Sporty cars on motability

  • This topic has 71 replies, 14 voices, and was last updated 8 months ago by Rene.
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  • #145642 Reply

    What’s the best sporty cars you have found on motability. For me the golf gtd is leading the way just interested to see what other people think

Viewing 21 replies - 51 through 71 (of 71 total)
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  • #145767 Reply

    I can name a diesel that was certainly sporty………..BMW335D.

    #145769 Reply

    Elliot, nice try. But how did it sound hitting the redline at 7000 rpm? Wait, it couldn’t hit 7000rpm? 😉

    Great attempt at sneaking a diesel in, though.


    #145770 Reply

    A Bentley Speed 6 was quite sporty and only ran to 3500 rpm.

    #145771 Reply

    Elliot when was the 335d on the scheme?

    #145774 Reply

    The Bentley is beautiful.

    #145775 Reply

    @wmcforum fortunately we seem to have TWO people posting under the name    ajn   ….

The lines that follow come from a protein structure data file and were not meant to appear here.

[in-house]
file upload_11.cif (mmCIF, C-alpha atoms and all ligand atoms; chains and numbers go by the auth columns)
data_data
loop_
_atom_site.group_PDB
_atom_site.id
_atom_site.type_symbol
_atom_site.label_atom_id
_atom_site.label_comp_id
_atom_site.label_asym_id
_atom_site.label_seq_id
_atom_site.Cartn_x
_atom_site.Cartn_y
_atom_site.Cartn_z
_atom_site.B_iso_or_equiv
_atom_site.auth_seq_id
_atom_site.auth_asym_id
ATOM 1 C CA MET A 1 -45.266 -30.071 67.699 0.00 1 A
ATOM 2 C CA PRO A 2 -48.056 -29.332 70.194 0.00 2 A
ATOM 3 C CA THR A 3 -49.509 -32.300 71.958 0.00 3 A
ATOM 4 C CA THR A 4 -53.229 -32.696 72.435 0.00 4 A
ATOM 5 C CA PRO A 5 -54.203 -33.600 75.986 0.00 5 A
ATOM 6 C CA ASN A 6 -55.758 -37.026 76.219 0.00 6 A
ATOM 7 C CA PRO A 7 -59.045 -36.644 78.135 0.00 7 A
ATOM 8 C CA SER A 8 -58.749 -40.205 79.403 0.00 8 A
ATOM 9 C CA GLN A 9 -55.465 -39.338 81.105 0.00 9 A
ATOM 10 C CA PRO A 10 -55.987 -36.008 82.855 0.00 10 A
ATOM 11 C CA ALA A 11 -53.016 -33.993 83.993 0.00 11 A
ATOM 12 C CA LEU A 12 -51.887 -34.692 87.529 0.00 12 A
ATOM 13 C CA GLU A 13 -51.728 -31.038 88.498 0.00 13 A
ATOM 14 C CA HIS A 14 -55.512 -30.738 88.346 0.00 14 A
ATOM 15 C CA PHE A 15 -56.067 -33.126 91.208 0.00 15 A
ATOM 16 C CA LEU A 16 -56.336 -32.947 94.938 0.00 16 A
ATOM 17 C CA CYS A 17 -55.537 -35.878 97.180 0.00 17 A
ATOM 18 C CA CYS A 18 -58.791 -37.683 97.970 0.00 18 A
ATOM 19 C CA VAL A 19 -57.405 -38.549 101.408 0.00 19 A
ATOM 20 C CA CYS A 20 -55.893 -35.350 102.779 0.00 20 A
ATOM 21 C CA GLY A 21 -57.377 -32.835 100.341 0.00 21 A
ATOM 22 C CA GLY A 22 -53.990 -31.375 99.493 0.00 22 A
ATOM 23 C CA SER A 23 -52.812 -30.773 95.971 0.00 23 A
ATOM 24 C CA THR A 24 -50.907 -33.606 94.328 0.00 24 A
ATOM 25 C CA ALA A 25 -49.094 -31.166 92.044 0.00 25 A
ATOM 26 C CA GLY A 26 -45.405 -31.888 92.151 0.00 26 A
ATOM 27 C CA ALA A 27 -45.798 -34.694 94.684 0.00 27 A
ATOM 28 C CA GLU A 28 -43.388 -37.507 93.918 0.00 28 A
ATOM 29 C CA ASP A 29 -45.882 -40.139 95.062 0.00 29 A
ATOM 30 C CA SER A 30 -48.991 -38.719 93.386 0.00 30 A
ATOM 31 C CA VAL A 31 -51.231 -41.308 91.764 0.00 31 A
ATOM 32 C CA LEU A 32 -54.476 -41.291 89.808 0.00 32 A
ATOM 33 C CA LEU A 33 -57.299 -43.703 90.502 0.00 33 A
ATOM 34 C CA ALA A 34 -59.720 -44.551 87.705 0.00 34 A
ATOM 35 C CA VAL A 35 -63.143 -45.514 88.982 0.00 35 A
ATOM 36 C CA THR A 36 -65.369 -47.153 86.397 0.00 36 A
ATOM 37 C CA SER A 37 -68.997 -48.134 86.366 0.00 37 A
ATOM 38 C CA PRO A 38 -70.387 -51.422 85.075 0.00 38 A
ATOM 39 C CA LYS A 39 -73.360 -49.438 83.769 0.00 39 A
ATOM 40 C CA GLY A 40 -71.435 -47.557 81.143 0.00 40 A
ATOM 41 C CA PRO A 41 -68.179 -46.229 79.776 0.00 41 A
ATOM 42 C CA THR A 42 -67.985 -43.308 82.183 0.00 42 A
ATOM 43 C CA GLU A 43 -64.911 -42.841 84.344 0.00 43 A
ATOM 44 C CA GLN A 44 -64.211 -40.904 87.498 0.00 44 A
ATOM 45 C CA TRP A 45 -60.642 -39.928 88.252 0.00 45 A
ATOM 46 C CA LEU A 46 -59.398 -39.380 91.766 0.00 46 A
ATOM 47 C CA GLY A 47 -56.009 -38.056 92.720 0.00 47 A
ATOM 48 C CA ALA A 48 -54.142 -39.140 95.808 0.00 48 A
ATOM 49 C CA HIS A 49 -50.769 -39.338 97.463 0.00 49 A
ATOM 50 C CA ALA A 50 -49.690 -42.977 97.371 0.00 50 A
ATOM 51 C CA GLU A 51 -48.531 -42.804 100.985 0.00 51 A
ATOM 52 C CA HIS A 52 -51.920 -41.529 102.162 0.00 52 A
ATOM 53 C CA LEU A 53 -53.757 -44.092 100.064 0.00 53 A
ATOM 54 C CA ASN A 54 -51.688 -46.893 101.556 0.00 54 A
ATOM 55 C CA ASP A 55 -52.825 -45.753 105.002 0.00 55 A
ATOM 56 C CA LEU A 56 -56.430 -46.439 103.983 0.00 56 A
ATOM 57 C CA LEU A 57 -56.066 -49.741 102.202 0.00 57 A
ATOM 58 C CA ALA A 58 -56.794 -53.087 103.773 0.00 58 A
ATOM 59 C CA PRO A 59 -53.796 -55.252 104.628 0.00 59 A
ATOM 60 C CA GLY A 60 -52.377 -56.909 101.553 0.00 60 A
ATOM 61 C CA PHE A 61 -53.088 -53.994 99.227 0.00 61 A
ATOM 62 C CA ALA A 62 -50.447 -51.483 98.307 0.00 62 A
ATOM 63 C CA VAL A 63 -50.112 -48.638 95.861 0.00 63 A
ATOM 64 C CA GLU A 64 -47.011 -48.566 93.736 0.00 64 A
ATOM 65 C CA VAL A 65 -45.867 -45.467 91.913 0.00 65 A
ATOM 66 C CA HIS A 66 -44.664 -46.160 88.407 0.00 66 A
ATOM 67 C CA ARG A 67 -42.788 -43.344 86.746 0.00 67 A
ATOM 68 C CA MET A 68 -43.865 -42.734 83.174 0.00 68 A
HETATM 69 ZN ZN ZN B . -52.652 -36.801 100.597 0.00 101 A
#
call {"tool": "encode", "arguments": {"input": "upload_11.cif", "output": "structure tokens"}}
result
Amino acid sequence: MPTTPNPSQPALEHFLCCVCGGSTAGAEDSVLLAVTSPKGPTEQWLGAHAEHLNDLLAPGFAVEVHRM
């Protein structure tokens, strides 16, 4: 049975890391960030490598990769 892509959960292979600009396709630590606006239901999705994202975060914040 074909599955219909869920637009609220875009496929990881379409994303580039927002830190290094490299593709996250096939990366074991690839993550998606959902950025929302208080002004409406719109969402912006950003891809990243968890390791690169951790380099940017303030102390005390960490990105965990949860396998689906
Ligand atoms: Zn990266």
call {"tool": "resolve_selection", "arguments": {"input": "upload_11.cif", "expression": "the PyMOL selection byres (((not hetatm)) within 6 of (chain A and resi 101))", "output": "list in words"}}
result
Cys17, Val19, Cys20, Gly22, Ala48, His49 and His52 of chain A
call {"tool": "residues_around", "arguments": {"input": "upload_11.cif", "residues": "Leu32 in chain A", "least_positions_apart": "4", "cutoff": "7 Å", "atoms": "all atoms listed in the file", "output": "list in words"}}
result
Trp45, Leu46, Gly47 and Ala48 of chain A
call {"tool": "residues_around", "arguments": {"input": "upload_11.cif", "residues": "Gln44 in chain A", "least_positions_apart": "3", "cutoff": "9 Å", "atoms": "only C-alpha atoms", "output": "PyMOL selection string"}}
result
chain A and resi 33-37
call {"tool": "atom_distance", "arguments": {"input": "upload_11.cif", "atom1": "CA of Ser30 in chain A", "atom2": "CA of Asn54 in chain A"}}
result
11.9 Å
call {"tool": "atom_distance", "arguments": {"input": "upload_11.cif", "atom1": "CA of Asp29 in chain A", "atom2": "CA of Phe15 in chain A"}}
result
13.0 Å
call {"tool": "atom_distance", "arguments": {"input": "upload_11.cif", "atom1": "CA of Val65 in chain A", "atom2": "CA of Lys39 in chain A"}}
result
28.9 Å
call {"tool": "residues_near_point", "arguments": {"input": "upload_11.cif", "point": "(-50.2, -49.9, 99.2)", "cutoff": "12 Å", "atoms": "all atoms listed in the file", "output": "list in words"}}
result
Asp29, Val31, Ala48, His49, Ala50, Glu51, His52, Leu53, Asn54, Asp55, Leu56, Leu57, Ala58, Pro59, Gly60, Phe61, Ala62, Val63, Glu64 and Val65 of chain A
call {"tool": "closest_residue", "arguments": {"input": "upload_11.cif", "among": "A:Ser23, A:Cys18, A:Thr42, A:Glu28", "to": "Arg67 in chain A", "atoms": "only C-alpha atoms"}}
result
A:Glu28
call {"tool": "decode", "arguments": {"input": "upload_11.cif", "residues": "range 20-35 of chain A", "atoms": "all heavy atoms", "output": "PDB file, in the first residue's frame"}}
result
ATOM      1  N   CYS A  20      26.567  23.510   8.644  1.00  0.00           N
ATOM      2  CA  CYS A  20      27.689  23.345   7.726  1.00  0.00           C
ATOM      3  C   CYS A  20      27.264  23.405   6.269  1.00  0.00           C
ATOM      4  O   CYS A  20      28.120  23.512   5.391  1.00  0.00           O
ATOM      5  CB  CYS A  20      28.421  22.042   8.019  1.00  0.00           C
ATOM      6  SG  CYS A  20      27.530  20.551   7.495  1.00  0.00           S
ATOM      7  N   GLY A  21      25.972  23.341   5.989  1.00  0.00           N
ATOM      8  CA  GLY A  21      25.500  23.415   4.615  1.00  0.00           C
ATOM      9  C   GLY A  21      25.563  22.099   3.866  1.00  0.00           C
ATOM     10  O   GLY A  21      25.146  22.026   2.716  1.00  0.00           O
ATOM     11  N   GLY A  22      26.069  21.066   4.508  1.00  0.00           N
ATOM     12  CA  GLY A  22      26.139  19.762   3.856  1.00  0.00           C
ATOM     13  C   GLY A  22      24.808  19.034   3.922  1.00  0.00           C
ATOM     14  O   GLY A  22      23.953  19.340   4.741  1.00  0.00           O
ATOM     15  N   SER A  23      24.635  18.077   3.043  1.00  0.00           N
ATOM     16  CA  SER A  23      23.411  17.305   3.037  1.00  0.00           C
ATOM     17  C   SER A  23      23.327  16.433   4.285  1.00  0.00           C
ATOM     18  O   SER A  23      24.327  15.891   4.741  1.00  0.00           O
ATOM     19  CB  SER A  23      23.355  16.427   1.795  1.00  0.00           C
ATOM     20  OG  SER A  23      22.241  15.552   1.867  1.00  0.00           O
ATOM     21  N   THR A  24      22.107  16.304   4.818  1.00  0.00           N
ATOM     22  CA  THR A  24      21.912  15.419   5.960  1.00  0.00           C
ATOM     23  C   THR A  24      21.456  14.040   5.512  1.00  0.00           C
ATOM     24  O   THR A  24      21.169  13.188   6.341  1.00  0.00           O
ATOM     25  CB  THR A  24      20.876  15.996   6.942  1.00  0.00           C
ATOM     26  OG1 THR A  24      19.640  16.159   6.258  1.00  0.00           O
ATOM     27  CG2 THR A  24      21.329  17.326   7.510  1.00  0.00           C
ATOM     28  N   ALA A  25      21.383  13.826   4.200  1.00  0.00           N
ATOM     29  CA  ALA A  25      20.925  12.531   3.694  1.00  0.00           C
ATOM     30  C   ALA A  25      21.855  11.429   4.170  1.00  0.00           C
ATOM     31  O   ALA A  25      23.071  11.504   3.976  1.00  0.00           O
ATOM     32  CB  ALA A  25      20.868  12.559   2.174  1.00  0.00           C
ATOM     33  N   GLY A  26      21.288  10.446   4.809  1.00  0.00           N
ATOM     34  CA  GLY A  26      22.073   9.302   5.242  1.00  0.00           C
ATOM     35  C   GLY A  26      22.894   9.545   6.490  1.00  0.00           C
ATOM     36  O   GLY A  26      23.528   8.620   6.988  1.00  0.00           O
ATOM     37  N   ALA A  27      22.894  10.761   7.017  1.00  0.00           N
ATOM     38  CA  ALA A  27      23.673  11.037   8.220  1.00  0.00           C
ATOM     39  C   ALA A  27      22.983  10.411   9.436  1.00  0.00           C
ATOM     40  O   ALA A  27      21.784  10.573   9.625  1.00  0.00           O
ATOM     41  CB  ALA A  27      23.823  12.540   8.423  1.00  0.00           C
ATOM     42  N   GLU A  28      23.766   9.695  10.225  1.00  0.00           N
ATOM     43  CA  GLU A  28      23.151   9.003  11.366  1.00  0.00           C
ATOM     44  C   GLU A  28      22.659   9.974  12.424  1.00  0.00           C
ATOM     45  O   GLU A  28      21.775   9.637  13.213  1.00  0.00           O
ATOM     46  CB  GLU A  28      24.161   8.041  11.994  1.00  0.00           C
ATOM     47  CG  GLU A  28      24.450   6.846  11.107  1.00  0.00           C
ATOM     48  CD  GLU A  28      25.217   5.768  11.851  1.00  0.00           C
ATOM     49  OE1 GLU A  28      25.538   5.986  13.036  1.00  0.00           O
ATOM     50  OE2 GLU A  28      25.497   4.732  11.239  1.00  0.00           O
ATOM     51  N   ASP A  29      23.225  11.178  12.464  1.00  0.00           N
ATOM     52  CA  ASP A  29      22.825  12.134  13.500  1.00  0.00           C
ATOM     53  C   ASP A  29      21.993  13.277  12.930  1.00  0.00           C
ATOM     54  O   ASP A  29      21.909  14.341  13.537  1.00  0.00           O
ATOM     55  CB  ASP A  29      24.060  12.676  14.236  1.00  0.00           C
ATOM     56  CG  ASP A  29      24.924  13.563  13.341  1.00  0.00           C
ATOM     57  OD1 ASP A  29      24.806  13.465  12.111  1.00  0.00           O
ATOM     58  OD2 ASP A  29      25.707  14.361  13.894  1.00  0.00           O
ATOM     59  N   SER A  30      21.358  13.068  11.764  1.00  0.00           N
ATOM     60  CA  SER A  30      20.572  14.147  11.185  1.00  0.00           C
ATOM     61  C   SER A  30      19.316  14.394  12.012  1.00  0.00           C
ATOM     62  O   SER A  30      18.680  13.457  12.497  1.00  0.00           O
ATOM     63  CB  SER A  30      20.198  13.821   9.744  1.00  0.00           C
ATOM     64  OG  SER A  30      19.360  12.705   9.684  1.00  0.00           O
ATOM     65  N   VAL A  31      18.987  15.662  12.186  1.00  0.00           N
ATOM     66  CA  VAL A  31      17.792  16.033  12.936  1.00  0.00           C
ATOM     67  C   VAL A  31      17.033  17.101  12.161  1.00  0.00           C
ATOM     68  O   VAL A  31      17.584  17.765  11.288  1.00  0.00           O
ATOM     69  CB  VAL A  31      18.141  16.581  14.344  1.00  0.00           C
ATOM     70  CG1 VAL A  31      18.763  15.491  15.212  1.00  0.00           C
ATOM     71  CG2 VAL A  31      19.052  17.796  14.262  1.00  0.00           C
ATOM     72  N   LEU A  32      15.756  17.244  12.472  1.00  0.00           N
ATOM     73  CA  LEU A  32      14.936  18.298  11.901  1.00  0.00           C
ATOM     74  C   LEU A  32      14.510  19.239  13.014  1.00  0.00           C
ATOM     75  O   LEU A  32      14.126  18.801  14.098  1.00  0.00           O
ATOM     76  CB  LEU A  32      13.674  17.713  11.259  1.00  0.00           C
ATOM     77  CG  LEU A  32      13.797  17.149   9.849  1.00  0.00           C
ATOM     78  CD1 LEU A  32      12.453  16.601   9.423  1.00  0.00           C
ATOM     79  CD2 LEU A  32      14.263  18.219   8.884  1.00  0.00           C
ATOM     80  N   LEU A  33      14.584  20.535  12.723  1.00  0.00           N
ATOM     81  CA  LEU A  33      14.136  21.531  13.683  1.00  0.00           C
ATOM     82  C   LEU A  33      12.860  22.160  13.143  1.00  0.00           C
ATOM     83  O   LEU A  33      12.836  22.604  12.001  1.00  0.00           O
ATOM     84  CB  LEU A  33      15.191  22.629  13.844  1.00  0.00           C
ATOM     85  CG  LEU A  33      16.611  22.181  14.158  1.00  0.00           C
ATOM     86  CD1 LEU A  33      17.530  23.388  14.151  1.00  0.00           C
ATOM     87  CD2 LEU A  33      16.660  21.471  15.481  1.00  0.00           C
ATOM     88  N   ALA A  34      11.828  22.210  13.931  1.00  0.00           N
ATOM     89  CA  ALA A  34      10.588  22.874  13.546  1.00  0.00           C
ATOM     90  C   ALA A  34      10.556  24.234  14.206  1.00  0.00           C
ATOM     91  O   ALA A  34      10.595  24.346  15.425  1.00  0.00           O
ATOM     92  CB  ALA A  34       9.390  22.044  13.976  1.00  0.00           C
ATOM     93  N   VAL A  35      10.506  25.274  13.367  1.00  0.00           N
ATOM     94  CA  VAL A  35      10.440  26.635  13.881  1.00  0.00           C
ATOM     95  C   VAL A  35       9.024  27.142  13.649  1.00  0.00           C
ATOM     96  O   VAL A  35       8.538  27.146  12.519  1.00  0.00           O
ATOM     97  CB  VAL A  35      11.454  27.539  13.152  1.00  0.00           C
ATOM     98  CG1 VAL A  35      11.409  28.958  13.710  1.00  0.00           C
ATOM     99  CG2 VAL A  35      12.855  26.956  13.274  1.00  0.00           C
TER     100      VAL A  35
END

Please could one be amended to avoid confusion, I did report the same incident in the week too, Thanks, ajn🤣


    #145780 Reply

    @Richard “GTD has GTI suspension, bigger brakes, trick electronic diff. It is a long way removed from the standard Golf setup.” I read a new review of the GTD infact it could possibly of been a video review and the GTD doesnt have the same setup as the GTI

    15mm lower suspension like the GTI, yet another pointer to the fact that it is far from a ‘standard’ Golf setup

    #145781 Reply

    The classic Bentley Speed 6 was certainly sporty, but I reckon the r-type Continental beats it for looks…

    And, at its launch in early 50s, it was claimed to be the fastest 4-seater in the world. I think that classifies it as “sporty”? By today’s standards it is pretty poor performance-wise: 0-60 in around 13 secs. Interesting, though, is the kerbweight – at 1660kg is is the same weight as todays Mini Countryman. Just shows how much extra stuff gets bunged into cars today